Breakfast again on the patio. Small talk with Mrs. Schäfmann, similar to the morning greetings as before all the other mornings, but this time I have added a few short sentences. I described the natures’ beauty as it comes to view on the patio in this sunny morning. Also forecasting that we will have today a beautiful day. While talking I am also gesturing with my hands. She doesn’t understand English, not even one syllable that I said. In reply, she gestured toward the horizon saying: Ein schöner Tag! (A beautiful day!) I couldn’t argue with that. Then I helped her to transfer back the leftovers and the dirty dishes to the kitchen. With a “Danke” she thanked me for helping and I replied with “Danke schön”, thank you (very much) for the breakfast.
Soon Elisabeth Weinhandl arrived. We put all the baggage into the trunk of the car, and then came the emotional good-byes.
It is time to end our visit to St. Anna and return to Vienna. But first, we must return to Mr. Lippe to see if he's found any old photos. He hasn't, though Mayor Weinhandl will find one later that clearly confirms Apu's recollections. But Mr. Lippe has brought a gentleman named Leo to meet us. Leo is also in his 80's. Before the war, Mr. Lippe explains, Leo worked for his grandfather. We learn that it was Leo who built the fence! Here, standing before us, is the man who built the wire-link fence that figures so prominently in my father's memory that it helped us pinpoint the exact site where he was housed 60 years prior. Leo was not around in 1945 when Apu was there. He had been drafted and was fighting in the war, fighting for the Germans. But today, he wanted to shake my father's hand and wish him well. This journey is full of surprises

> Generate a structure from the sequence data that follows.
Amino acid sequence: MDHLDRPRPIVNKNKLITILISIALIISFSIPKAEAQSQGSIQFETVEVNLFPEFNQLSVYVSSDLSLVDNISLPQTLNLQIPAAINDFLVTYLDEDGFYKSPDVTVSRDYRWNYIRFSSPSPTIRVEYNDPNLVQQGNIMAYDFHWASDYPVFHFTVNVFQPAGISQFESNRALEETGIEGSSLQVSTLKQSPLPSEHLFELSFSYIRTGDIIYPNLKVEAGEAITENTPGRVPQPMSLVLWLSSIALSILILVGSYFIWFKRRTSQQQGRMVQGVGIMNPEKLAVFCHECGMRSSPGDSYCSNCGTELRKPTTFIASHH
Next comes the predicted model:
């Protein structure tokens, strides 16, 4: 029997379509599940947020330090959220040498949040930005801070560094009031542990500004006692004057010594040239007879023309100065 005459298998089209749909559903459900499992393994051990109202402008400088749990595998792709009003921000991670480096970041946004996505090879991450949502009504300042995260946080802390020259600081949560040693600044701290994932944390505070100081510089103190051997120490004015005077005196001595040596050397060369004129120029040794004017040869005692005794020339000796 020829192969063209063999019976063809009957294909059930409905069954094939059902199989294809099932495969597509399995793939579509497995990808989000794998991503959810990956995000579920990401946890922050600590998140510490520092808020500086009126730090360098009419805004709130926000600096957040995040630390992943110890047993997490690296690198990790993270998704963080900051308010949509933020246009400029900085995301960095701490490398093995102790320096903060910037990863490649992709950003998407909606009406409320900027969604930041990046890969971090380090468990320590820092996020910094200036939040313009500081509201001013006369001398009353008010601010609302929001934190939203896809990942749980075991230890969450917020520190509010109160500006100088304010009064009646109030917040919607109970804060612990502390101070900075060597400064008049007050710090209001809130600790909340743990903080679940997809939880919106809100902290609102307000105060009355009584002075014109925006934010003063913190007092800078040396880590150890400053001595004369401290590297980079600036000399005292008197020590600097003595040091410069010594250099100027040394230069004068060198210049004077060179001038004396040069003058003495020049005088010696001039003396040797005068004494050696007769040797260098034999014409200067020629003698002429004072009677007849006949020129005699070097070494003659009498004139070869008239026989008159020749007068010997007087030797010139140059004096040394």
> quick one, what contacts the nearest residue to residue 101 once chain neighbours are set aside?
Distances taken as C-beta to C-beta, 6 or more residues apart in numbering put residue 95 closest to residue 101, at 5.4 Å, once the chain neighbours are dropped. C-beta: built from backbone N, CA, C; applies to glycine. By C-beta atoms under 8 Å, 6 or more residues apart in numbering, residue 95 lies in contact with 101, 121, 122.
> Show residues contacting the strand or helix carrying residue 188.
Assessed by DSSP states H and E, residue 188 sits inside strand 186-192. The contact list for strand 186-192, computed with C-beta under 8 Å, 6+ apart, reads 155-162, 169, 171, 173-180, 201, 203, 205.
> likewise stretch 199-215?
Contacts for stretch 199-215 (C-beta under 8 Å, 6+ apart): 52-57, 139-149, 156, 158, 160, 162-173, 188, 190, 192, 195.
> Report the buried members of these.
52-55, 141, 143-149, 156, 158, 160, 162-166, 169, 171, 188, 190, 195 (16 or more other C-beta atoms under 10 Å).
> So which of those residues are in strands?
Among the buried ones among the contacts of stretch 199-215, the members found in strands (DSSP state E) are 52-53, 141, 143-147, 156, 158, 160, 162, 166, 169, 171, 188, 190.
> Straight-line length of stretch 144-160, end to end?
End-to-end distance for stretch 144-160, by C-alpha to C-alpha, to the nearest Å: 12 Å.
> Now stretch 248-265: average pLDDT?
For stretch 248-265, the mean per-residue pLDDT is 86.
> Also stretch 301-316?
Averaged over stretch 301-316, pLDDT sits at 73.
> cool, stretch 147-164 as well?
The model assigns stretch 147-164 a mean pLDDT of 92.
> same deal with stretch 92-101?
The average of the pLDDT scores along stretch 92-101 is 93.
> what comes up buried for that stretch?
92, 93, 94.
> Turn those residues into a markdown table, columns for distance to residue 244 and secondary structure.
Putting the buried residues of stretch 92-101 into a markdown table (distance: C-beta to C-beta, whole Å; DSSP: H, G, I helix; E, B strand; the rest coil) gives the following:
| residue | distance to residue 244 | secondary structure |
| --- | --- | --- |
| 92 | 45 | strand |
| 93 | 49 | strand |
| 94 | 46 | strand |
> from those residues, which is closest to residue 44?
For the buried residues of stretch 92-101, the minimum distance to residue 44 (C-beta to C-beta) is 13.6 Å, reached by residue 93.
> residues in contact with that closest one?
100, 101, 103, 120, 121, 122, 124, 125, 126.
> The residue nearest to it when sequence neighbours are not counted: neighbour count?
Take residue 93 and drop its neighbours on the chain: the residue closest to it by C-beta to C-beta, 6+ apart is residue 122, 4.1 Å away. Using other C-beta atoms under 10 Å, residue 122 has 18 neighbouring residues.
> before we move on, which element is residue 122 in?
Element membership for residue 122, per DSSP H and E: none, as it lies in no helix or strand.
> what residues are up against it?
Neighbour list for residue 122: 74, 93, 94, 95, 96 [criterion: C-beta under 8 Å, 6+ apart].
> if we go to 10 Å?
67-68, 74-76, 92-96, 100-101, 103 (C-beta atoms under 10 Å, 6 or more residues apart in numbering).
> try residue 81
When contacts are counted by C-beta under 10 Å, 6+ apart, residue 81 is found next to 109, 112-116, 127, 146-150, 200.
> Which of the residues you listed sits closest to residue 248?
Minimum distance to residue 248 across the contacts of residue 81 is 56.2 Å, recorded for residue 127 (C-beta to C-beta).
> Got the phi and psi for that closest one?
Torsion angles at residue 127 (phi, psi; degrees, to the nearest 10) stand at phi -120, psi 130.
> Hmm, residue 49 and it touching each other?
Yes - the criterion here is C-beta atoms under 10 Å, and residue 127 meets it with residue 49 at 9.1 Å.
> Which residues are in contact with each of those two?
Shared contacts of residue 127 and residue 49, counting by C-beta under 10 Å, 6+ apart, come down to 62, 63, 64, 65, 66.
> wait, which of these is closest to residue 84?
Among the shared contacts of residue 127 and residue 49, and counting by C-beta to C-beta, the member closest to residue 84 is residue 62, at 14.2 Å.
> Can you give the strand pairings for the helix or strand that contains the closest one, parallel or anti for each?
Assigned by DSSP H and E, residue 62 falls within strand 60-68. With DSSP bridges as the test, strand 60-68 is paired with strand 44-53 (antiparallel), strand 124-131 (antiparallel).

(Leo was fighting the war for Germany in Africa. But luckily for him, in the early time of the fighting, the British captured him as a prisoner of war. In the wartime he was held in P.O.W. camp in Egypt.)
As we are packing our bags into Mrs. Weinhandl's car for the drive to the train station, Mrs. Kikelj pulls up suddenly. In a quick break between classes, she decided to race over to say one more goodbye. With tears in her eyes, she thanks us for our visit and promises to try my father's math program. I sense that this was her way of saying thank you to us for helping lift the burden from her mother's shoulders.
At the train station, Mrs. Weinhandl tells me that in less than a week, she feels like I have become her brother and Apu is like a grandfather to her. Apu jokingly says: "why not like a father!" At 80, my father is far from old. He handles the rigors of travel better than me.